18. Lundborg, P. Having the wrong friends? Peer effects in adolescent substance use. J. Health Econ. 2006, 25, 214–233. [Google Scholar] [CrossRef]
  19. Christakis, N.A.; Fowler, J.H. The Spread of Obesity in a Large Social Network over 32 Years. N. Engl. J. Med. 2007, 357, 370–379. [Google Scholar] [CrossRef] [Green Version]
  20. Fletcher, A.; Bonell, C.; Sorhaindo, A. You are what your friends eat: systematic review of social network analyses of young people’s eating behaviours and bodyweight. J. Epidemiol. Community Health 2011, 65, 548–555. [Google Scholar] [CrossRef]
  21. Rayner, K.E.; Schniering, C.A.; Rapee, R.M.; Taylor, A.; Hutchinson, D.M. Adolescent girls’ friendship networks, body dissatisfaction, and disordered eating: Examining selection and socialization processes. J. Abnorm. Psychol. 2013, 122, 93–104. [Google Scholar] [CrossRef] [PubMed]
  22. McPherson, M.; Smith-Lovin, L.; Cook, J.M. Birds of a Feather: Homophily in Social Networks. Annu. Rev. Sociol. 2001, 27, 415–444. [Google Scholar] [CrossRef]
  23. Rancourt, D.; Conway, C.C.; Burk, W.J.; Prinstein, M.J. Gender composition of preadolescents’ friendship groups moderates peer socialization of body change behaviors. Health Psychol. 2013, 32, 283–292. [Google Scholar] [CrossRef] [PubMed]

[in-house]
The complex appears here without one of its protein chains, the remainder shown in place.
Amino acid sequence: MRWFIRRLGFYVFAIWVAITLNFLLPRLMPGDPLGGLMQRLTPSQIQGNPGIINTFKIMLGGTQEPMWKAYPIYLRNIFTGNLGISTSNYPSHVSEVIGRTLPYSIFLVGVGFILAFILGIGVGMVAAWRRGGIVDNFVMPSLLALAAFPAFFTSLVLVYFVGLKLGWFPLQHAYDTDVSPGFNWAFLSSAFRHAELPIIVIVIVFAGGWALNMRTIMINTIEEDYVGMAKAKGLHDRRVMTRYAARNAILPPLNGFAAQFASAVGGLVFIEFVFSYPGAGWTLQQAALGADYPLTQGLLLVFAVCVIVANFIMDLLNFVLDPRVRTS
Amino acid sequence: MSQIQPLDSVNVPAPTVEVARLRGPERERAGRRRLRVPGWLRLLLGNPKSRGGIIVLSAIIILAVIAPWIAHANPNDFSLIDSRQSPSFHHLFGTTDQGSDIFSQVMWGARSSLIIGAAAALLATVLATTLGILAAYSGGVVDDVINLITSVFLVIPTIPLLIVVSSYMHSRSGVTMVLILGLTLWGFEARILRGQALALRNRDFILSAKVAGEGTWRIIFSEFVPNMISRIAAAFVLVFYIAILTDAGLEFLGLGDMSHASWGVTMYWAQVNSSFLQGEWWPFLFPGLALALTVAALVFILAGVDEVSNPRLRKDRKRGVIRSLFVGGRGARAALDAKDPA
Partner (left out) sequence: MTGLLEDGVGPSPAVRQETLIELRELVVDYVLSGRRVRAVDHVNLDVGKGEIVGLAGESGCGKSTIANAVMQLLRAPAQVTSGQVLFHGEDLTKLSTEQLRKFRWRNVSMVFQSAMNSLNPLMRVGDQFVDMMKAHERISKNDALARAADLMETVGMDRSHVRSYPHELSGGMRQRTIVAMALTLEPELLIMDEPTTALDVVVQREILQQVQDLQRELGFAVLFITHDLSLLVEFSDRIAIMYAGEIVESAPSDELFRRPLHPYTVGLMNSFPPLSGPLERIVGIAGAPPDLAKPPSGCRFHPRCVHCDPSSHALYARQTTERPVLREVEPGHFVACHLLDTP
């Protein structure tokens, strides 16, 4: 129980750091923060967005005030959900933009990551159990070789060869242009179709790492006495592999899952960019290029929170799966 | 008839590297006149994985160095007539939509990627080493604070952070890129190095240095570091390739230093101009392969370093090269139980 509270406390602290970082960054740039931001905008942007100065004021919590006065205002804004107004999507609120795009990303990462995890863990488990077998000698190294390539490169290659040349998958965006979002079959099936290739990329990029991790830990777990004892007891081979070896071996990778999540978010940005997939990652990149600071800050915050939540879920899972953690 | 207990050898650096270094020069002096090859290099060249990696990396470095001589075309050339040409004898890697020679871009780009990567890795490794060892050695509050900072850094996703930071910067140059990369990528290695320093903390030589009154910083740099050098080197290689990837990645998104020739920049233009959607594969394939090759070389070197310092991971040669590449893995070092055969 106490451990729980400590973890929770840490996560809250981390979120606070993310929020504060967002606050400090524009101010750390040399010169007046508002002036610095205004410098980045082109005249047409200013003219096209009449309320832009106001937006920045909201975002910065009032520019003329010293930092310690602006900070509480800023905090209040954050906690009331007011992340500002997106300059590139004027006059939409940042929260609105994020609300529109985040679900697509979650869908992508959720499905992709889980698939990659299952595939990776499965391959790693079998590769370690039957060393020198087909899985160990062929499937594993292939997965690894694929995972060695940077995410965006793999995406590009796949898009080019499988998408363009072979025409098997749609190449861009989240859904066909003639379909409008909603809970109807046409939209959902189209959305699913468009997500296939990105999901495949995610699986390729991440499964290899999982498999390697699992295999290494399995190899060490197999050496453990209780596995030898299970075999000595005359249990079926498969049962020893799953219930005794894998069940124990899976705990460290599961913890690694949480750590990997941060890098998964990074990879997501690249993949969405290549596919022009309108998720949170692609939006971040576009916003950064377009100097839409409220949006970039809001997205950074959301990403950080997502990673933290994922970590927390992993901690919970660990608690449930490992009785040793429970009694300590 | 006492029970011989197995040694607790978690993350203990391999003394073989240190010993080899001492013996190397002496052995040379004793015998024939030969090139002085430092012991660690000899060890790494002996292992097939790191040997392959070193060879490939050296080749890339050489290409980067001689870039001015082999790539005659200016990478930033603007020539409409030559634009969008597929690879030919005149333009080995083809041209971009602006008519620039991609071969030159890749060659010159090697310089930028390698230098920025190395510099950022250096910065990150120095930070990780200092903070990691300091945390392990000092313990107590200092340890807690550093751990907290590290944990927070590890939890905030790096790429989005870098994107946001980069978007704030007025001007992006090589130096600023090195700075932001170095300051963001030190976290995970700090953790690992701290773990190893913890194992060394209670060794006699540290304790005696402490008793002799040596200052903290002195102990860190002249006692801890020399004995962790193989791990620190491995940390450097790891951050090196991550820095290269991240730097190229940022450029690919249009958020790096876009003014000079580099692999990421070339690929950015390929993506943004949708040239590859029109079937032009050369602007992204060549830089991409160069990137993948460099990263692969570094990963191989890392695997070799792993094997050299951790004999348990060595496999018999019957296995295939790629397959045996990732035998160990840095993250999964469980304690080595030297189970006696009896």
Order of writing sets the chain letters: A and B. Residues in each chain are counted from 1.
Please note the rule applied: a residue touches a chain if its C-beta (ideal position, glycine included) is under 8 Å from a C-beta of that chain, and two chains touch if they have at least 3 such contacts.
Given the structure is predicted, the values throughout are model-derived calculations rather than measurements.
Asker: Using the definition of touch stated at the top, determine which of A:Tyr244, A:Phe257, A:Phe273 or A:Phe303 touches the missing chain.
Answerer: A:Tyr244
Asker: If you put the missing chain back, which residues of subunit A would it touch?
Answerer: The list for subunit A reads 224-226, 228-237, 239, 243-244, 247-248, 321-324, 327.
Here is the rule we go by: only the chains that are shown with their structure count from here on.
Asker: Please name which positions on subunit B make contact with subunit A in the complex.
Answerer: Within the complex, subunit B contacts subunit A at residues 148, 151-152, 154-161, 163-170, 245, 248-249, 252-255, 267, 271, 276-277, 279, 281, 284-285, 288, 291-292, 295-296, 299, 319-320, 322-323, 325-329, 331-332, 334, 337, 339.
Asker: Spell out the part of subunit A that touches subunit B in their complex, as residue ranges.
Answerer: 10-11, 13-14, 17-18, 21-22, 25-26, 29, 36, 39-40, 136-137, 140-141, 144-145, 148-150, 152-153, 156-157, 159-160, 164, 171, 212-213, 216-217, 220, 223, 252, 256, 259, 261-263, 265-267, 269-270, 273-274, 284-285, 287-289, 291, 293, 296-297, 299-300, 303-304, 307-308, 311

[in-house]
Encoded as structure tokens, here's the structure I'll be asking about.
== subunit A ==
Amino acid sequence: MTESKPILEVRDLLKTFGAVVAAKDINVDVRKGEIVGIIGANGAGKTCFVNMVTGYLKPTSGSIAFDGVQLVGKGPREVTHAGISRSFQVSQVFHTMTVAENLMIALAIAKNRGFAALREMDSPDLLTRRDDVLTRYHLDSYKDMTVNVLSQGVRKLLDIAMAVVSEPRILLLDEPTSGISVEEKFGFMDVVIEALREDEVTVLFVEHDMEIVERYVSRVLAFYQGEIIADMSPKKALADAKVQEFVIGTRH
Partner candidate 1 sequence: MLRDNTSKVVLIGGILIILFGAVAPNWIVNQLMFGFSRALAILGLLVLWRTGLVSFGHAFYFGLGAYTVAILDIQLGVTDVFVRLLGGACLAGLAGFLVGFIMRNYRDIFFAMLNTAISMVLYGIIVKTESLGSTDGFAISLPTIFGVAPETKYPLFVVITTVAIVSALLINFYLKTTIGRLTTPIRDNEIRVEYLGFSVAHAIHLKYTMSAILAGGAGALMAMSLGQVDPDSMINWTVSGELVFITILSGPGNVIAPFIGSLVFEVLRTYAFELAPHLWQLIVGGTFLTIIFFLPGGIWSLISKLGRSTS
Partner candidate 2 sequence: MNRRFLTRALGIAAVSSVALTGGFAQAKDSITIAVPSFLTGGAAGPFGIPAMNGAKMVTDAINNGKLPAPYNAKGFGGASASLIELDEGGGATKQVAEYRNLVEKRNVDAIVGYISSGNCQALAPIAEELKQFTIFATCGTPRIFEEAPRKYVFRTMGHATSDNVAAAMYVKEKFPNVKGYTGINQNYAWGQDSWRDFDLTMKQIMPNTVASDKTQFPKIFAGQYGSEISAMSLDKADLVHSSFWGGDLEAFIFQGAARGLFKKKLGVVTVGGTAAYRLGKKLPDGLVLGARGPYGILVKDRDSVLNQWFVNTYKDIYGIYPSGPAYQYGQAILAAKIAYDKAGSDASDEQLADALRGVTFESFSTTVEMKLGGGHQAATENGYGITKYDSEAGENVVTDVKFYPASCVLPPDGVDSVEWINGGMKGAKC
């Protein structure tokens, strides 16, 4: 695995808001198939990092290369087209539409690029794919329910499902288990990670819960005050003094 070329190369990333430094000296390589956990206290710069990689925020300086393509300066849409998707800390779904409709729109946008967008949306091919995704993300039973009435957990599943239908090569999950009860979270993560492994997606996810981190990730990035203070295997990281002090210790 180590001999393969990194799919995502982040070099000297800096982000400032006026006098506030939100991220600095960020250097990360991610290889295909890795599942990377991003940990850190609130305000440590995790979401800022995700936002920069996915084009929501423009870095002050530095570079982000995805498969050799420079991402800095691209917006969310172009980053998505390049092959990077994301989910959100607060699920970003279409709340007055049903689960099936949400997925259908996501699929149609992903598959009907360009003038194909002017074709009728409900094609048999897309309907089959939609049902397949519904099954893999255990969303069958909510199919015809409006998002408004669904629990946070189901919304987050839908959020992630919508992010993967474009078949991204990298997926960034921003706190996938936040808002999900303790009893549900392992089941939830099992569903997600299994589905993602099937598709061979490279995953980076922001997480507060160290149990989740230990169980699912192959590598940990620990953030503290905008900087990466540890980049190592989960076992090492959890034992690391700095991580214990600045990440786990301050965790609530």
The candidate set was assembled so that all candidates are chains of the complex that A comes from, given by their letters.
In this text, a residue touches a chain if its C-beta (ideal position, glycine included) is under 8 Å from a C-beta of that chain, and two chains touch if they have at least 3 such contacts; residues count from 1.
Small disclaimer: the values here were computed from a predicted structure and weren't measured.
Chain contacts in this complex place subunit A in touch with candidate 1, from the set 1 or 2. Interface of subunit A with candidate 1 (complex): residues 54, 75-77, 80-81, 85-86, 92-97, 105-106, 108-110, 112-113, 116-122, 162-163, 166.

24. Centola, D. The Social Origins of Networks and Diffusion. Am. J. Sociol. 2015, 120, 1295–1338. [Google Scholar] [CrossRef] [PubMed]
  25. Kandel, D.B. Homophily, Selection, and Socialization in Adolescent Friendships. Am. J. Sociol. 1978, 84, 427–436. [Google Scholar] [CrossRef]
  26. Brechwald, W.A.; Prinstein, M.J. Beyond Homophily: A Decade of Advances in Understanding Peer Influence Processes. J. Res. Adolesc. 2011, 21, 166–179. [Google Scholar] [CrossRef] [PubMed] [Green Version]
  27. Tolson, J.M.; Urberg, K.A. Similarity between Adolescent Best Friends. J. Adolesc. Res. 1993, 8, 274–288. [Google Scholar] [CrossRef]